“The Republicans like to talk about it, but what’s their answer, what’s their economic policy?” Obama asked. “They want to gut Social Security. They want to gut Medicare. They want to give rich folks and big corporations more tax cuts.”
Obama and Fetterman hugged on stage after the speeches were over.
Saturday marked Obama's first time campaigning in Pennsylvania this year, though he has been the party's top surrogate in the final sprint to Election Day. He campaigned in recent days in Georgia, Michigan, Wisconsin, Nevada and Arizona, while Biden has spent more time in Democratic-leaning states where he's more welcome.
Biden opened his day in Illinois campaigning with Rep. Lauren Underwood, a two-term suburban Chicago lawmaker in a close race.
The president ticked through his administration’s achievements, including the Inflation Reduction Action, passed in August by the Democratic-led Congress. It includes several health care provisions popular among elderly people and the less well-off, including a $2,000 cap on out-of-pocket medical expenses and a $35 monthly cap per prescription of insulin. The new law also requires companies that raise prices faster than overall inflation to pay Medicare a rebate.
“I wish I could say Republicans in Congress helped make it happen,” Biden said of the legislation that passed along party lines.
Yet his comments from the day before about the energy industry — and Manchin's fierce response — may have been getting more attention.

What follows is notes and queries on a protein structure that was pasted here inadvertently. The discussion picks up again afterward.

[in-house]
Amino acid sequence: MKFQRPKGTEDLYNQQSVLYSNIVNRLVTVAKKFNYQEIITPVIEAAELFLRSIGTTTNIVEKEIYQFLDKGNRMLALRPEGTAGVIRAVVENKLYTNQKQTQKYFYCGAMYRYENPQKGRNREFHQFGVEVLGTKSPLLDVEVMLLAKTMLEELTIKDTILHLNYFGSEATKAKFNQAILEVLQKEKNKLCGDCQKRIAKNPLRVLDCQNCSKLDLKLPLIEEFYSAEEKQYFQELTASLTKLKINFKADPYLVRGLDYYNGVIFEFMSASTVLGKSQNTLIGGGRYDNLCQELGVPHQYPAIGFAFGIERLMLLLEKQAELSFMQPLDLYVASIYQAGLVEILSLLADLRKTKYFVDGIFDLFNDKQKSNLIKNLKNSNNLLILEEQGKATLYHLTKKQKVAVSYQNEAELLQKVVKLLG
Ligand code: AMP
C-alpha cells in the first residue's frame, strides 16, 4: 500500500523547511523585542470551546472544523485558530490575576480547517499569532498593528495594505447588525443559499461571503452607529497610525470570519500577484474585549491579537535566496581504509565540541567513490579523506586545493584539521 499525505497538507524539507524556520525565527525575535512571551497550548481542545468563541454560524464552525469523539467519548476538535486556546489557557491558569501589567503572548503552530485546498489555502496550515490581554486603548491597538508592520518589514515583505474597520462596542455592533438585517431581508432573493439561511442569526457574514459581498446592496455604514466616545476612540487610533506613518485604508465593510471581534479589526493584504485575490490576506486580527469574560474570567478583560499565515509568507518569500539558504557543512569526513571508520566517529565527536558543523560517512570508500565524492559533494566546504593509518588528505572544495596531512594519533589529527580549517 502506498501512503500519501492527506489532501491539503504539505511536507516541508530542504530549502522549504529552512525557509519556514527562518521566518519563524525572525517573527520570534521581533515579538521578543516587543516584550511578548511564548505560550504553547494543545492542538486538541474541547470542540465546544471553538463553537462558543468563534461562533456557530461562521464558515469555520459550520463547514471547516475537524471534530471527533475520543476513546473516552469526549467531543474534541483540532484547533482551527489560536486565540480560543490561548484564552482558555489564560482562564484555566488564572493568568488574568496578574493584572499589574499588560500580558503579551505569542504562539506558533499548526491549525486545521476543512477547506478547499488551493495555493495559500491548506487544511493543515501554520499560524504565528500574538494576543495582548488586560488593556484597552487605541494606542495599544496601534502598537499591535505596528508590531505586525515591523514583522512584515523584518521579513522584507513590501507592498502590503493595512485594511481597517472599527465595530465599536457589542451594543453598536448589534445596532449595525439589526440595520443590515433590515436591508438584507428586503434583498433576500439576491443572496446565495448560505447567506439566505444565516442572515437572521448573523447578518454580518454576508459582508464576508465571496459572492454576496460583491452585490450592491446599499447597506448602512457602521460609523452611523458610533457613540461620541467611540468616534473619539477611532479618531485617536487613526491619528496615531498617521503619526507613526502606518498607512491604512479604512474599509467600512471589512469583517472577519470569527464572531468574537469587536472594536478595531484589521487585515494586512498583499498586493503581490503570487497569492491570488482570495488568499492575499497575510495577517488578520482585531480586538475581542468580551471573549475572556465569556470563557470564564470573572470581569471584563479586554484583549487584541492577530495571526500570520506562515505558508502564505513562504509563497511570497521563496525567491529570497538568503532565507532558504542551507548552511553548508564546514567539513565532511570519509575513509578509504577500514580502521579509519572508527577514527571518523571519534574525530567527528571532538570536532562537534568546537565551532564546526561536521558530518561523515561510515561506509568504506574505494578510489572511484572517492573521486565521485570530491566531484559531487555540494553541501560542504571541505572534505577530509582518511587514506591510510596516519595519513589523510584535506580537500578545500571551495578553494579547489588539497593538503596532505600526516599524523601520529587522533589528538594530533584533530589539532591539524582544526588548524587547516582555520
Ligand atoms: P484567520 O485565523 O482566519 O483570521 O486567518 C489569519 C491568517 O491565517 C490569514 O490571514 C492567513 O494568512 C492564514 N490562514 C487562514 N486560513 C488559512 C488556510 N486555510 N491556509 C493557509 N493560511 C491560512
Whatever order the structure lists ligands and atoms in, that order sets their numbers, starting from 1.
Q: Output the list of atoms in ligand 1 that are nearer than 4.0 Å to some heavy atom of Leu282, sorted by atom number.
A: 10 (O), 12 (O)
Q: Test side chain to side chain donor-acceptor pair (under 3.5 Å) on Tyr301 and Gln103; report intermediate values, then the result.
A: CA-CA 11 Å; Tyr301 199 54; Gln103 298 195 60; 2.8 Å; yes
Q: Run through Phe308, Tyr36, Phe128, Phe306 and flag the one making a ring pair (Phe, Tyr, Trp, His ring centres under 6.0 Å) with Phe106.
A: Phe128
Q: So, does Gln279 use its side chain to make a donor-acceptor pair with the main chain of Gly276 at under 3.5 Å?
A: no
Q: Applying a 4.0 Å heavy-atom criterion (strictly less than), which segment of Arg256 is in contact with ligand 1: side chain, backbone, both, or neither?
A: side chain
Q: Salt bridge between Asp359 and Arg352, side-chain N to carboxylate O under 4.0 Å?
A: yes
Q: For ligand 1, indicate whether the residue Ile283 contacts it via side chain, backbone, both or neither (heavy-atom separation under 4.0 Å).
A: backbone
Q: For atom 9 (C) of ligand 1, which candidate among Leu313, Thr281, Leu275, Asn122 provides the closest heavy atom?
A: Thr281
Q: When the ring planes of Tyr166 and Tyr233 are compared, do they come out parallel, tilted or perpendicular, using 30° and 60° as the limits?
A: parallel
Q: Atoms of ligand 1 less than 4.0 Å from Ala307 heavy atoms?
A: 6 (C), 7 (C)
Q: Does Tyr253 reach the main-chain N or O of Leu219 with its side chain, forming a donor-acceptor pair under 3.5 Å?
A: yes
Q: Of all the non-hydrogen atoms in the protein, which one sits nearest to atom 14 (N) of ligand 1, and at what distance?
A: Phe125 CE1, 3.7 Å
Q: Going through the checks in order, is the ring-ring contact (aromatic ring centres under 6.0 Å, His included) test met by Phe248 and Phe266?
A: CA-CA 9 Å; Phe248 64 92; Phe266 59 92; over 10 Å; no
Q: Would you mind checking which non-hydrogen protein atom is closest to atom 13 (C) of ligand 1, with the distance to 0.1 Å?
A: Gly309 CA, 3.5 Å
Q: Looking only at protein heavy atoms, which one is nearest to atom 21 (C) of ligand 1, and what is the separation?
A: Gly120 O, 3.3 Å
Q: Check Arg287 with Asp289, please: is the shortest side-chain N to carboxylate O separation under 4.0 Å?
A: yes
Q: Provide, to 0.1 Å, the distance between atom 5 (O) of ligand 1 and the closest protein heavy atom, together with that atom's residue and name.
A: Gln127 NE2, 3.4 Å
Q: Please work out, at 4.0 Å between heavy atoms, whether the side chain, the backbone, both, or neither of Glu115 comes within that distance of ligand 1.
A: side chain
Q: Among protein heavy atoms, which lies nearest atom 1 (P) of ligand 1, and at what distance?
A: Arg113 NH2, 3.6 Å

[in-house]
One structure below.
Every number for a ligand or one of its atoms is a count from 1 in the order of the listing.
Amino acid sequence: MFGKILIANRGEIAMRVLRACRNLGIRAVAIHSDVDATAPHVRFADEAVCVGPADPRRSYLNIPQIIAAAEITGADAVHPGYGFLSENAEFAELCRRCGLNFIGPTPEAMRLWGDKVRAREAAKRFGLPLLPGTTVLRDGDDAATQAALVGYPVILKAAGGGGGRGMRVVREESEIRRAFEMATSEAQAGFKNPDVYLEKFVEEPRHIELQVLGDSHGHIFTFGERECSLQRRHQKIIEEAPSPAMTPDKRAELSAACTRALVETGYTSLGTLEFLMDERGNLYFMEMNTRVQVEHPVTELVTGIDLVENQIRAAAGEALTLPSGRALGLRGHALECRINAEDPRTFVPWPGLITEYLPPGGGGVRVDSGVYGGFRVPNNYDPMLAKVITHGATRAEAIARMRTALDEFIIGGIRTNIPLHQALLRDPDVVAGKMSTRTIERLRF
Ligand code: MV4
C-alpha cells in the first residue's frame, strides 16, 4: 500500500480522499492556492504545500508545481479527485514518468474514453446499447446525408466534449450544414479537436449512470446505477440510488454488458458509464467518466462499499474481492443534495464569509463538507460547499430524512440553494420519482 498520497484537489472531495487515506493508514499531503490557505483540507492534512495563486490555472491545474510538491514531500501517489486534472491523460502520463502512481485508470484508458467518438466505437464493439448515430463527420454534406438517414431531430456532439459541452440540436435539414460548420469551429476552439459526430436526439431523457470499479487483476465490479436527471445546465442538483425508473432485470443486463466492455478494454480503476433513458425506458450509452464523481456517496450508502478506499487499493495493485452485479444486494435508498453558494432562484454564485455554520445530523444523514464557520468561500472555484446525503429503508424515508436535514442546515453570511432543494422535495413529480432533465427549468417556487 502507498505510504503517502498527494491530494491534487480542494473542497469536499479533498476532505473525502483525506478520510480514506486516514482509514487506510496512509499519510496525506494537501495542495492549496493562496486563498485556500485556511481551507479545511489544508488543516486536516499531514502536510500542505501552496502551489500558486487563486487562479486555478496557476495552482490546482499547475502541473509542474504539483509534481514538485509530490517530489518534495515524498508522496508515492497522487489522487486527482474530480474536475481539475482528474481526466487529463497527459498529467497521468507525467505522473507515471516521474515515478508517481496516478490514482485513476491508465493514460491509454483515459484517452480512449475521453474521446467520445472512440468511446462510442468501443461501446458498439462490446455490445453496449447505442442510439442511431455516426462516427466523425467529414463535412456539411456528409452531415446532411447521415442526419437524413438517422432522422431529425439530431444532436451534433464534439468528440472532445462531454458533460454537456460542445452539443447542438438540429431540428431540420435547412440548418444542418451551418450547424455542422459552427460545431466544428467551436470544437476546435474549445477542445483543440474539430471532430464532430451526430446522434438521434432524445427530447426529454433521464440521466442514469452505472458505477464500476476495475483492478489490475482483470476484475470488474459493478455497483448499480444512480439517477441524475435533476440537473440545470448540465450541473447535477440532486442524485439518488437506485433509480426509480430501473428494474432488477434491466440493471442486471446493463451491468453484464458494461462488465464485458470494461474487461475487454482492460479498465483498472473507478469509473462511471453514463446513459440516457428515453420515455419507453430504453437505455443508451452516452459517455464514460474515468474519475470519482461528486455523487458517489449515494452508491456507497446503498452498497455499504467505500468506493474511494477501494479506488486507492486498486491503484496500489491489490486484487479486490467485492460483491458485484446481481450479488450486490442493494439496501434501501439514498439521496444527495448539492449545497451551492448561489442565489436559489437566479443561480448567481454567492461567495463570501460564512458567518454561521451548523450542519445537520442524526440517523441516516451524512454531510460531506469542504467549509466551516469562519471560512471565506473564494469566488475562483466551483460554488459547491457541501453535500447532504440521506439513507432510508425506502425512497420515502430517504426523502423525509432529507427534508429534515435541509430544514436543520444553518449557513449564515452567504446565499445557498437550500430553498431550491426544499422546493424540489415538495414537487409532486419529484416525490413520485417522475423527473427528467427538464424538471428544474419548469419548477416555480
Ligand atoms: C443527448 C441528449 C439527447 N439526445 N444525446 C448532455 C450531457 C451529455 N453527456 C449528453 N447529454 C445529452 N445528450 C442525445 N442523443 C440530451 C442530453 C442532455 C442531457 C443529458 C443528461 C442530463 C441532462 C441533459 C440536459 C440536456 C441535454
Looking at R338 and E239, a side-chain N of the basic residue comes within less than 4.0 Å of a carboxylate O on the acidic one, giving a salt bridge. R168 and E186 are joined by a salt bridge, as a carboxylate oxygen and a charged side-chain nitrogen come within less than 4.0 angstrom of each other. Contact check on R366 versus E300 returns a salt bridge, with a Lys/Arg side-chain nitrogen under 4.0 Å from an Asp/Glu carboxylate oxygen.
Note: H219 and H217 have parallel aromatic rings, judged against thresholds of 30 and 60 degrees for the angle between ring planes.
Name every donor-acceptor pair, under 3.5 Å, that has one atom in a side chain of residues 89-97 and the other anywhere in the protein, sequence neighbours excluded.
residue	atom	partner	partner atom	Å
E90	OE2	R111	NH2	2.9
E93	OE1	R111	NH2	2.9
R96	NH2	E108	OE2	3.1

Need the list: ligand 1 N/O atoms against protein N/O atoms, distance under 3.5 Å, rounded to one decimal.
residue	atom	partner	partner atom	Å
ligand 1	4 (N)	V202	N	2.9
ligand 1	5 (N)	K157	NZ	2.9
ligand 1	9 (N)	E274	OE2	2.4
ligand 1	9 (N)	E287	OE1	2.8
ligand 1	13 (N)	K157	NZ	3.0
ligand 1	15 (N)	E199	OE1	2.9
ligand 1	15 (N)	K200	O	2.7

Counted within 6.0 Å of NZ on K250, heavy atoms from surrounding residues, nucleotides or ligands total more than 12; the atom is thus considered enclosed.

“It’s also now cheaper to generate electricity from wind and solar than it is from coal and oil,” Biden said Friday in Southern California. “We’re going to be shutting these plants down all across America and having wind and solar.”
Pennsylvania has largely transitioned away from coal, but fossil fuel companies remain a major employer in the state.
The White House has worried privately for weeks that concerns about Fetterman's health might undermine his candidacy. Fetterman is still recovering from a stroke he suffered in May. He jumbled words and struggled to complete sentences in his lone debate against Oz last month, although medical experts say he's recovering well from the health scare.
Obama addressed Fetterman’s stroke directly.
“John’s stroke did not change who he is. It didn’t change what he cares about,” he said.
Despite his lingering health challenges, Fetterman railed against Oz and castigated the former New Jersey resident as an ultrawealthy carpetbagger who will say or do anything to get elected.
“I’ll be the 51st vote to eliminate the filibuster, to raise the minimum wage,” Fetterman said. “Please send Dr. Oz back to New Jersey.”
Oz has worked to craft a moderate image in the general election and focused his attacks on Fetterman's progressive positions on criminal justice and drug decriminalization. Still, Oz has struggled to connect with some voters, including Republican voters who think he’s too close to Trump, too liberal or inauthentic.
Trump's late rally in Latrobe is part of a late blitz that will also take him to Florida and Ohio. He's hoping a strong GOP showing will generate momentum for the 2024 run that he's expected to launch in the days or weeks after polls close.
Trump has been increasingly explicit about his plans.
At a rally Thursday night in Iowa, traditionally home of the first contest on the presidential nominating calendar, Trump repeatedly referenced his 2024 White House ambitions.
After talking up his first two presidential runs, he told the crowd: “Now, in order to make our country successful and safe and glorious, I will very, very, very probably do it again, OK? Very, very, very probably. Very, very, very probably.”
“Get ready, that’s all I’m telling you. Very soon,” he said.
Madhani reported from Joliet, Illinois, and Peoples from New York. Associated Press writer Jill Colvin contributed to this report.